Dress and Modesty in Islam

Dress and Modesty in Islam
8 August 1997

The recent controversy surrounding the arrest and prosecution of the three Muslim contestants of the Miss Malaysia Petite beauty pageant, has now led the Minister in the Prime Minister’s Department, Datuk Dr Hamid Othman, to call for a meeting of all heads of state religious departments this month to streamline guidelines and mode of enforcement on indecent dressing and behaviour among Muslims. He said the meeting would define indecent dressing and behaviour before the law is enforced nation-wide.

While this proposal has its supporters, others have found the very thought of a definitive notion of indecency, beyond what has been determined by the Penal Code, objectionable.

The public humiliation the three young women were subjected to by JAIS (Selangor Islamic Affairs Department) enforcement officials has already drawn widespread condemnation from the Malaysian public and the press. The proposal to further delegate to the same authorities the function of drawing up guidelines on indecency and dress should therefore be reviewed.

Sisters in Islam takes the view that if at all there were to be any move to impose new legal standards on the public conduct of Muslims, it must be carried out only with the widest possible consultation (shura) of those who will be affected by these standards. These laws and guidelines designed to restrict our fundamental liberties will have widespread public impact and far-reaching consequences on Malaysian society as a whole. They cannot be made in isolation and by an exclusive group of people who believe that no one else has a right to talk, discuss, or question matters of religion.

Any state laws and fatwas that affect our fundamental liberties must be consistent with the provisions of the Federal and State Constitutions. It has been argued that the legislative authority to restrict our fundamental liberties lie with Parliament, not with the State Legislative Assemblies. It has also been pointed out that the offence of indecency is a federal crime under the Penal Code. Therefore any attempt to punish indecency under the state Shari’ah Criminal Offences Enactment constitutes an unconstitutional trespass on federal powers. It can also lead to double jeopardy, violating the legal and constitutional principles that no person shall be punished for the same offence twice.

However, what is of greater concern to Sisters in Islam, is whether an Islamic worldview on dress and indecency exists in the Text of the faith. If it does exist, then state religious laws and fatwas must find its rationale here. It must also be firmly rooted in the Qur’anic injunction to uphold justice and be in full consonance with genuine community interests (maslaha). Otherwise, no amount of legal wizardry can cloak them with any legitimacy.

In any discussion on dress, it has often been assumed that the specificities of dress for Muslim women is directly and unambiguously prescribed by the Qur’an. This is not so.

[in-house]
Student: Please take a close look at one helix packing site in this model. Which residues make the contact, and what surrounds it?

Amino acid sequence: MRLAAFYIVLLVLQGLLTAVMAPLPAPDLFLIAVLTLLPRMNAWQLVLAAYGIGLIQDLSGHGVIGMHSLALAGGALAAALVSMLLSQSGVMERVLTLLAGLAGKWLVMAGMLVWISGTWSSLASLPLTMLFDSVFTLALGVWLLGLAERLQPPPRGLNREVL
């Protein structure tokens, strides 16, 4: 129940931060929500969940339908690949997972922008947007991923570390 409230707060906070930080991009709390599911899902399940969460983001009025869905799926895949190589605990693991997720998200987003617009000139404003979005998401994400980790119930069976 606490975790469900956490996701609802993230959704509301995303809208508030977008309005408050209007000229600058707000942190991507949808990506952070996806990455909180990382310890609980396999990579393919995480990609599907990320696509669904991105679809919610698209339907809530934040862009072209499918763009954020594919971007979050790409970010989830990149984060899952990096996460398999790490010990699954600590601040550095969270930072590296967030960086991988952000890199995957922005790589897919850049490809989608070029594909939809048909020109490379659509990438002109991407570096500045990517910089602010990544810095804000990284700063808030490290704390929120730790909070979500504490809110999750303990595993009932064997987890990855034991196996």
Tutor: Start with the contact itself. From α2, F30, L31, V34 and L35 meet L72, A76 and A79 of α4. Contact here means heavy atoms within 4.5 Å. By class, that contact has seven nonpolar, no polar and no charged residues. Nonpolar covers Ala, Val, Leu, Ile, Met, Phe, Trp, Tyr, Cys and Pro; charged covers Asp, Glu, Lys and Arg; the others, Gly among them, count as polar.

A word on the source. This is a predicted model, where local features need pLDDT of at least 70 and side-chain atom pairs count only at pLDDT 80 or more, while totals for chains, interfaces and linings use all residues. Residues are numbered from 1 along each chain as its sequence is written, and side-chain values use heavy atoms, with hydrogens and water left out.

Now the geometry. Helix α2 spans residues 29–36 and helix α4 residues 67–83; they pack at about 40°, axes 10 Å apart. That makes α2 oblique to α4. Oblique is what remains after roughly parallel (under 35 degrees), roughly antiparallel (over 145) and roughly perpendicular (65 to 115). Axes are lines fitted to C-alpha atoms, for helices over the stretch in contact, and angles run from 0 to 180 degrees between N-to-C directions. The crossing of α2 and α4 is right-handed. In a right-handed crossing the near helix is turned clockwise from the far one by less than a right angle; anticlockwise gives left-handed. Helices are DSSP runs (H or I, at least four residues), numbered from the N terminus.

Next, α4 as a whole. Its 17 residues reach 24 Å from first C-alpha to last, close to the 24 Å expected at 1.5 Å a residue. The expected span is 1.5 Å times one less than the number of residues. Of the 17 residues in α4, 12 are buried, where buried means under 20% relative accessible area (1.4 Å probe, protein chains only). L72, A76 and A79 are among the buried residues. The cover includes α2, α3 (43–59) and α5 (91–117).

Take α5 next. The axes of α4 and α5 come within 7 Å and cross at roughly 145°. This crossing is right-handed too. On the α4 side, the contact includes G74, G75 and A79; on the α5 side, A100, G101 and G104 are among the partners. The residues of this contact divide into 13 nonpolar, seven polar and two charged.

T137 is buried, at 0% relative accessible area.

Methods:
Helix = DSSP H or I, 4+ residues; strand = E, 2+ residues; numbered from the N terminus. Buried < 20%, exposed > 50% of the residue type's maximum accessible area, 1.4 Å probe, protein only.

The Qur’anic Text espouses universal values and principles. However, these are often expressed through the context of the cultural and historical specificities of 7th century Arabia. Muslim scholars have always recognised this characteristic of the Qur’an and the facility it allows for accommodating human experience across the various cultural

manifestations of Islamic belief. Therefore, differences of opinion would always exist on how to apply Qur’anic injunctions in differing and changing socio-cultural situations. The Text is not meant to be frozen within any specific historical period. A study of Islamic history will show that the body of Shari’ah law is the product of intense intellectual activity and diversity of opinion straddling a period of six centuries, before stagnation set in.

The present challenge requires a reawakening of rigorous intellectual inquiry and discourse. Only then can we extract the universal principles that are found in the timeand-space bound examples in the Text and apply them to our present socio-cultural context.

We have done this in many aspects of the economic and political life of Muslims in Malaysia today, from areas such as Islamic banking, Islamic trading in futures, to advances in medicine, to the idea of the nation state and the system of parliamentary democracy. But somehow this ability to innovate, to use ijtihad (human reasoning on the basis of the Text) and to understand changing times and circumstances has not been extended to issues affecting women.

The recent selective persecution of Muslim women by JAIS displays yet again this misogynist attitude; one which has prevented many men from recognising and adopting the universal Qur’anic principles of justice and equality, and in this particular case, how they can apply to matters of dress and public decency in contemporary Malaysia.

The Qur’anic discussion on dress centres on modesty. This is understood, first, as an avoidance of excess, and second, as the covering of nakedness. Surah al-A’ raf, 7:26, speaks of clothing to cover nakedness, and clothing as a thing of beauty; but it says the garment of piety or taqwa is the best of all. The Surah then goes on to espouse in verse 31 dressing well for worship but not to do this in excess.

In the context of covering the body, modesty calls for covering of what is shameful, i.e., the private parts of the body (the literal awrah) which are not to be displayed wantonly and without cause. Verses 7:26 and 7:31 taken together clearly enjoin the covering of our nakedness, and more importantly they espouse that no amount of material used or discarded can take priority over taqwa or God-consciousness.